I dropped dead on Friday, Oct. 29, 2004, at approximately 1409 hours while working as the incident commander at an apartment fire in West Seattle. Only by the grace of God, quick work by Seattle firefighter/EMTs and firefighter/paramedics, and the miracles of modern medicine am I alive today to talk...
To access the remainder of this piece of premium content, you must be registered with Firehouse. Already have an account? Login
Register in seconds by connecting with your preferred Social Network.
Complete the registration form.
I dropped dead on Friday, Oct. 29, 2004, at approximately 1409 hours while working as the incident commander at an apartment fire in West Seattle. Only by the grace of God, quick work by Seattle firefighter/EMTs and firefighter/paramedics, and the miracles of modern medicine am I alive today to talk about it.
On that date, I was a 53-year-old battalion chief with 30 years' experience as a professional firefighter. Just after eating lunch and then smoking a cigarette on the back porch of Station 11 in the southern part of the Seventh Battalion, the bells hit. I figured it was an aid call for Engine 11 until I heard the tones and dispatch for a structure fire a few blocks away.
I felt a slight, but sharp pain streak across the top of my chest from shoulder to shoulder just below the level of my collarbone while driving to the alarm location. I shrugged my shoulders and it went away, just as it had numerous times before when I would get a quick shot of adrenalin or be working physically hard. "I've got to quit smoking," I thought, as I once again dismissed the pain as an upper airway or musculo-skeletal problem.
I arrived at the location the same time as Engine 11, gave an initial report of no sign of fire or smoke from a newer two-story apartment building and established command with 11's investigating. The lieutenant and tailboard firefighter from 11's stretched a 200-foot pre-connected 1.5-inch line to the front door of the apartment located up a stairway and above a grade-level garage. Black smoke lazily fell out of the unit as soon as they kicked in the locked front door. I reported to our Fire Alarm Center that we now had smoke showing and ordered Engine 37 to lay a supply and a backup line to 11's. Other orders followed, just like for any room-and-contents apartment fire.
After a short while, I got impatient with the lack of progress underway and hollered at 11's lieutenant, asking what was taking so long. The reply was that the hallway was blocked by something and the hose was kinked. So I walked up a few steps, unkinked the hose and got a small whiff of smoke. I remember that it smelled unusually bad and acrid, but didn't think much more about it. As it turns out, it was cold smoke from a fire that had been smoldering for quite a while in a newer, tightly sealed structure. Engine 11 was having a difficult time locating the seat of the fire because a large couch was on end in the hallway and blocking the door to a back bedroom where the fire originated.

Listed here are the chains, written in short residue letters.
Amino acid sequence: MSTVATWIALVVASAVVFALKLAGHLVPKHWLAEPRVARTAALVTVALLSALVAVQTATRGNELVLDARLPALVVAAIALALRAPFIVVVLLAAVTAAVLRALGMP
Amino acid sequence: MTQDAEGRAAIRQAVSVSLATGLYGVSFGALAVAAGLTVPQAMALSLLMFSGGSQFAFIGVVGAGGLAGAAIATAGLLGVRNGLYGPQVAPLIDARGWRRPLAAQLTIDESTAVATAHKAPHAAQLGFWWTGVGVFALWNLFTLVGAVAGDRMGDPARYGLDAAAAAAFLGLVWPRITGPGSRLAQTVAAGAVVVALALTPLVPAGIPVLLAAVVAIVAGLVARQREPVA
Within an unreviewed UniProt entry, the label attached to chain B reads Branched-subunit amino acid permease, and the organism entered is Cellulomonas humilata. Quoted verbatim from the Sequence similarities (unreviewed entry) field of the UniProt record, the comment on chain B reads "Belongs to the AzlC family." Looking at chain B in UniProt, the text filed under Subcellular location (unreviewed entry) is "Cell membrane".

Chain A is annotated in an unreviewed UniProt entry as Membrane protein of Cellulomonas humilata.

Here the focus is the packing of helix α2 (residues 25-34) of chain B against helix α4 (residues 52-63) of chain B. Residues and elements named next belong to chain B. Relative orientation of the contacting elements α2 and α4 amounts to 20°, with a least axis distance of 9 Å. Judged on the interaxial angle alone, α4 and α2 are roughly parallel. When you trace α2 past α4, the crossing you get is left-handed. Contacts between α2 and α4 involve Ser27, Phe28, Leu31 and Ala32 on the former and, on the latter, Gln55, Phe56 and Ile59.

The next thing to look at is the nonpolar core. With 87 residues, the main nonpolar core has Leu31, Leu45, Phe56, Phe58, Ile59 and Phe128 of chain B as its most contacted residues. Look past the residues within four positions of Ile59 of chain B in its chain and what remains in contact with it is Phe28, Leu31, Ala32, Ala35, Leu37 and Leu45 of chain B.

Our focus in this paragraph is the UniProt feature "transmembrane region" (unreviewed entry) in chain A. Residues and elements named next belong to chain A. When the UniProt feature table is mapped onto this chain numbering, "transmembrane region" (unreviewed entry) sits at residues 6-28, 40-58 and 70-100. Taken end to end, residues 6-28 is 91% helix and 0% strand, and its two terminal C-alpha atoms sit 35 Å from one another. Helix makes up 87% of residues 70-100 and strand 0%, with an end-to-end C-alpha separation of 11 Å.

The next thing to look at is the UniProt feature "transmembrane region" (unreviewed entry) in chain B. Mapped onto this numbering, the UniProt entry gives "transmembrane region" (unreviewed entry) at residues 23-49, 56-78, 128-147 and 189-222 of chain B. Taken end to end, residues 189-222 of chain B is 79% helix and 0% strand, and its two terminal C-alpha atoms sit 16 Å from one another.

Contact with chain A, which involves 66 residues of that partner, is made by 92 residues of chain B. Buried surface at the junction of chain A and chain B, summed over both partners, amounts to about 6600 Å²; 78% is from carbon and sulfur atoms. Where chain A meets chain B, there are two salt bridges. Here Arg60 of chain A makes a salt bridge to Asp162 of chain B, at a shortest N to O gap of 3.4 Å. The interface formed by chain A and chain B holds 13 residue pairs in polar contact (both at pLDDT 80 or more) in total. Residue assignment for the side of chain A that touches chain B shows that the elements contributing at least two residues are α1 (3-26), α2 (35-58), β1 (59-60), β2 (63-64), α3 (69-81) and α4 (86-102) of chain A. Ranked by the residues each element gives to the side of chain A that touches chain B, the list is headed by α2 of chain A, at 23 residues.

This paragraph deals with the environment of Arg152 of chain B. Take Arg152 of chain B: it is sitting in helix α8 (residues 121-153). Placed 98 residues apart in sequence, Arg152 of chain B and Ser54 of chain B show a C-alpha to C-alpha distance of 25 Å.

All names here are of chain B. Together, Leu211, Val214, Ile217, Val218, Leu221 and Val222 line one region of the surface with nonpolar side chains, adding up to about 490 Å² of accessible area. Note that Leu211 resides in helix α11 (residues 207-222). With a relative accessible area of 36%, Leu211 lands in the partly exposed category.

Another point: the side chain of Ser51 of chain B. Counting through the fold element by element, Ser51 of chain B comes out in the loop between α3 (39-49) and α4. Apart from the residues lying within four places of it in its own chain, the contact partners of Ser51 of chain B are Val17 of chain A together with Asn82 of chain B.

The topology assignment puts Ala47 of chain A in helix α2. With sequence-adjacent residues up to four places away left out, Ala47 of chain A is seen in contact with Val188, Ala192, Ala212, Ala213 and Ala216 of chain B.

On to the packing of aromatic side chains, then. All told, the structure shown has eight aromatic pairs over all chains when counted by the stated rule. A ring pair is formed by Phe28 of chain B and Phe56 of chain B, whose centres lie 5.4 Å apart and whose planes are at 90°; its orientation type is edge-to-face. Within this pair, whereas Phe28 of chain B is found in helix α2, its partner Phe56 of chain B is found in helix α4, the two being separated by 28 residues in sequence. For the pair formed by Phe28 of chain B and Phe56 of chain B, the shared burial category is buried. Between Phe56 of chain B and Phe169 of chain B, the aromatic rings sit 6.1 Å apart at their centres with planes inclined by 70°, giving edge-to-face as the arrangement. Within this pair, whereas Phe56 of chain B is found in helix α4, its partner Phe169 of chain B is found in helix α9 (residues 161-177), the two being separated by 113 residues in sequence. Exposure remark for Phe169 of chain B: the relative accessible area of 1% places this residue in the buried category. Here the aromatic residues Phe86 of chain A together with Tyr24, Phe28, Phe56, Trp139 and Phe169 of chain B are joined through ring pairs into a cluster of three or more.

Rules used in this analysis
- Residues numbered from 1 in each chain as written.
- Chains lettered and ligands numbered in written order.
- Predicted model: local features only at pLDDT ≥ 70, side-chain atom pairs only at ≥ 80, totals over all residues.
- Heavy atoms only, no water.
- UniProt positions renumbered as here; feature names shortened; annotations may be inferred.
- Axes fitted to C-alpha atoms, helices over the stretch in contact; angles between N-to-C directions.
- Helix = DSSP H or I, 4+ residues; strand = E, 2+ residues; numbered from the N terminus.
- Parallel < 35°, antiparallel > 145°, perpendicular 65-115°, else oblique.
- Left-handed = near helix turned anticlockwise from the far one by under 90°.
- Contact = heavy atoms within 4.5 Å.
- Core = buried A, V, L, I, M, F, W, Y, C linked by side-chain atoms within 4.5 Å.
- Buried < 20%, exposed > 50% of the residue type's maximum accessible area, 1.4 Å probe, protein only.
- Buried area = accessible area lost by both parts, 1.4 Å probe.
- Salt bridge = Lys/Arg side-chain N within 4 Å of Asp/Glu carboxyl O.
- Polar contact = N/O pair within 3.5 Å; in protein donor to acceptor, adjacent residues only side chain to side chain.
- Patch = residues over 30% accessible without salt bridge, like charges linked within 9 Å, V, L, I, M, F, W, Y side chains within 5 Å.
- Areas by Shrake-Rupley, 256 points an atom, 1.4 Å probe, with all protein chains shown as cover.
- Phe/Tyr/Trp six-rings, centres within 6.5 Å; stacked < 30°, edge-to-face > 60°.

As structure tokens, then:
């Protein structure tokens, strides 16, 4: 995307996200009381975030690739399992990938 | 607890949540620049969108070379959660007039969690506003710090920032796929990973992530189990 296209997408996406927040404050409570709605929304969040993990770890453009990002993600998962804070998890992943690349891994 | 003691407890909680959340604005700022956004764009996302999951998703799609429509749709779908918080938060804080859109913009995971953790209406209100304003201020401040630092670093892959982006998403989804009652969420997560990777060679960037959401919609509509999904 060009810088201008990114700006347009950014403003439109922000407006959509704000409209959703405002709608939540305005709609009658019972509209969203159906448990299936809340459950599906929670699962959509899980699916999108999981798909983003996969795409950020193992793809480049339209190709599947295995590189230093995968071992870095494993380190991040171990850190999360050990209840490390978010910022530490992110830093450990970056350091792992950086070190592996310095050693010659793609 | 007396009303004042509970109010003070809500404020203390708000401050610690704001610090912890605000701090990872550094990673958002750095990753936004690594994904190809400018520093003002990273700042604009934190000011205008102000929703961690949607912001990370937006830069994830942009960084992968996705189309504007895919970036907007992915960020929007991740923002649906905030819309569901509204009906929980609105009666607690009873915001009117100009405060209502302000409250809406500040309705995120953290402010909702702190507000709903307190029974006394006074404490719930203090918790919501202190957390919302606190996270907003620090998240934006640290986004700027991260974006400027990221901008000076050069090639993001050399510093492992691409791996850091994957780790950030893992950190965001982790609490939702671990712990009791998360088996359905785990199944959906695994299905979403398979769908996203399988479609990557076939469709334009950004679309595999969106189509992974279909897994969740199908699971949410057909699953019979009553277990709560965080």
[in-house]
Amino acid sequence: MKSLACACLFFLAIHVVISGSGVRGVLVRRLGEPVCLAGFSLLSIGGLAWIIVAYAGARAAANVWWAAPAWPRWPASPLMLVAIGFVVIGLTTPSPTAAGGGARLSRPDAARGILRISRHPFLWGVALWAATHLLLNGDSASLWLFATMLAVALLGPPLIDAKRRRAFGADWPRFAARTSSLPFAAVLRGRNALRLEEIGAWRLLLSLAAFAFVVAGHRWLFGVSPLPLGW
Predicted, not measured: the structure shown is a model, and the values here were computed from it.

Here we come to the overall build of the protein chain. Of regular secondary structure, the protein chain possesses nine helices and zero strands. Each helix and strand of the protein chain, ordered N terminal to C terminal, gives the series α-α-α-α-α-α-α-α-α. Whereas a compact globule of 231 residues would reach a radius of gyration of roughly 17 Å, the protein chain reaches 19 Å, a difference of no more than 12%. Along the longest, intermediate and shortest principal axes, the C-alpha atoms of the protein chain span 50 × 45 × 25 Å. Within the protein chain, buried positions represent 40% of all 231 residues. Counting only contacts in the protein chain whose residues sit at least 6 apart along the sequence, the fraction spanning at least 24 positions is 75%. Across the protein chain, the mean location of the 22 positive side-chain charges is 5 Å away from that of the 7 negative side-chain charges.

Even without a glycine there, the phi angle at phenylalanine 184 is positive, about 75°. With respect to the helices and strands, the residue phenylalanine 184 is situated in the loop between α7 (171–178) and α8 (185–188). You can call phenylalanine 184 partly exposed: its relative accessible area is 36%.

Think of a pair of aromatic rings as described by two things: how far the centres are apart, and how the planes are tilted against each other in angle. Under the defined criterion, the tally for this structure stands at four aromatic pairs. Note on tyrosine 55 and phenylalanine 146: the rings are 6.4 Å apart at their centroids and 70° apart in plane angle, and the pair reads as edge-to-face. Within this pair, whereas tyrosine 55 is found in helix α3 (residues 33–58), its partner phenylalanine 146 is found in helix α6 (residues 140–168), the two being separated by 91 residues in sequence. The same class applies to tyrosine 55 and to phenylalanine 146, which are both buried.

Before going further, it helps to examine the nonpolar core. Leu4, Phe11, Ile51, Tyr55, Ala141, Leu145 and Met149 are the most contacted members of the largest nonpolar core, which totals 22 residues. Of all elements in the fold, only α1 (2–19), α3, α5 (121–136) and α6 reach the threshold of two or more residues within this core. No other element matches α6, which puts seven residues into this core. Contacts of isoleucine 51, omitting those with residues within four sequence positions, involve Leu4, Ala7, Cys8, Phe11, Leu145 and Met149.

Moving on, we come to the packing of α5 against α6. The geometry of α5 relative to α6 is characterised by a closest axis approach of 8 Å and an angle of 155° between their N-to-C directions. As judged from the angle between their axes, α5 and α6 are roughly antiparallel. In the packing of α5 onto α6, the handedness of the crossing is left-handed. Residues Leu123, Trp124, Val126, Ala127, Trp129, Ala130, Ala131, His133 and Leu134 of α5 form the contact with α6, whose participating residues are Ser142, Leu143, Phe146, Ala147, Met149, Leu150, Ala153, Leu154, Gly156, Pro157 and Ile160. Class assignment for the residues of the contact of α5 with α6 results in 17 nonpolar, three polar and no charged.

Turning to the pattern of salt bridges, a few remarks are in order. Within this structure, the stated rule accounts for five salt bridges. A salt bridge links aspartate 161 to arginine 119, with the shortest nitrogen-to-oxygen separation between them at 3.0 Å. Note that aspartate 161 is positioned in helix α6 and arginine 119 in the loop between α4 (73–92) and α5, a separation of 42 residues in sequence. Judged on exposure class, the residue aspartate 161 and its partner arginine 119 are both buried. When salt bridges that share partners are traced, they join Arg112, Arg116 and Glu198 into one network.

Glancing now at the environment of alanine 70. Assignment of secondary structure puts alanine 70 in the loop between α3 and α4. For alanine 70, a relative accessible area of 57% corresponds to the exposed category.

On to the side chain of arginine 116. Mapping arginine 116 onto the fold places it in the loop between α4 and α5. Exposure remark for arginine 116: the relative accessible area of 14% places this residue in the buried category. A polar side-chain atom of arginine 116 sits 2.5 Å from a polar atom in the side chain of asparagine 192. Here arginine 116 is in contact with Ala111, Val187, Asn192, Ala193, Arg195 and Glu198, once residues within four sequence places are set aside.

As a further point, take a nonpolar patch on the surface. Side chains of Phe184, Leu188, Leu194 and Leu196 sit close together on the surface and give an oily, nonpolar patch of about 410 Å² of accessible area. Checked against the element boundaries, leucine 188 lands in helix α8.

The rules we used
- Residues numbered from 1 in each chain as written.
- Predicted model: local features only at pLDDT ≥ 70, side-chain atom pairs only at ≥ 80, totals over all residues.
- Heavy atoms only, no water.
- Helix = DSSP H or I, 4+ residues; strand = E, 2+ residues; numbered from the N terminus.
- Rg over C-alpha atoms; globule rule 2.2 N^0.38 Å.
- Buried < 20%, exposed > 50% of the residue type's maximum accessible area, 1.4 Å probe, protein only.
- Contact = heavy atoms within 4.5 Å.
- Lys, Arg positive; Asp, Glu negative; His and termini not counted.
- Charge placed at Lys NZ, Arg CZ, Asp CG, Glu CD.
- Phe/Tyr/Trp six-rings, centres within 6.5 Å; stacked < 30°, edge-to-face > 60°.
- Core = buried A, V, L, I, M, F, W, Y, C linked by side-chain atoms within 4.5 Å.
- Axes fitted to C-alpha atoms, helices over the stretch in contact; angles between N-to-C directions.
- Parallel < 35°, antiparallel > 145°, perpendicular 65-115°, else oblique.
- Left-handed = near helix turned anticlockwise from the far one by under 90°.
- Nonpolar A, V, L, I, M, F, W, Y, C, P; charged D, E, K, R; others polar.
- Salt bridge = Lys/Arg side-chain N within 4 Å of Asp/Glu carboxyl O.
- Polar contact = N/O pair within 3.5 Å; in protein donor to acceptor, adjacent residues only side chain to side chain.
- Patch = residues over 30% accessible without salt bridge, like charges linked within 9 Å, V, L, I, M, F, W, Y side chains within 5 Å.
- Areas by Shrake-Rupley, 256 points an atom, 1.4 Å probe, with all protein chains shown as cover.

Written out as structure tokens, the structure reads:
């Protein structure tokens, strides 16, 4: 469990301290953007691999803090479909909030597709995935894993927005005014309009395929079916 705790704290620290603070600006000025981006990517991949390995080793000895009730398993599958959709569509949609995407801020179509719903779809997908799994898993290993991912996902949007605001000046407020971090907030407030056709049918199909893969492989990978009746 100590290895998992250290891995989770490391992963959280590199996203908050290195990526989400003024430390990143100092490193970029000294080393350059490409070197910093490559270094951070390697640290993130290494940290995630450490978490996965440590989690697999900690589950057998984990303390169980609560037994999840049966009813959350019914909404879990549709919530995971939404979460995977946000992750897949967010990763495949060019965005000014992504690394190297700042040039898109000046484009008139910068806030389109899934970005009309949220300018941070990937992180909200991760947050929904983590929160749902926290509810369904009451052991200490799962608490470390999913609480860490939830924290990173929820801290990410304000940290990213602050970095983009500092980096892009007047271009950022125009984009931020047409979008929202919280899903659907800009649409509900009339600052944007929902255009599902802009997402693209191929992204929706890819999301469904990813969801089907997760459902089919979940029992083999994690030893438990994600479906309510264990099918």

A little more time went by and most of the response had arrived at the location, although none of the other command officers had yet arrived at the command post. Ladder 11 broke out a window in the fire room and established positive-pressure ventilation. Firefighter/Paramedic Jonny Layefsky yelled to me that we just about had the fire tapped, as light-colored smoke and steam came blasting out of that ventilation exit point. I heard a muffled radio report and responded that it was unreadable. That's when everything started to get crazy and my life was to dramatically change in an instant.
I don't know if the following events happened over the course of a few seconds or in a nano-second. I started to feel confused and wondered if I was running the fire correctly. Then my vision narrowed; it came down from the top and up from the bottom and all I saw were the faces and helmets of the firefighters standing near me. I thought to myself, "Oh "expletive," something is really wrong here."
Then all sound went away and I was deaf, even though a gasoline-powered fan was operating in front of me and Engine 11's apparatus was pumping behind me. Then it was like somebody turned off the TV and everything went black, the blackest black I had ever seen. And that was it. That was all I saw, heard and felt. No pain, no anxiety, none of my life passed in front of my eyes, nothing.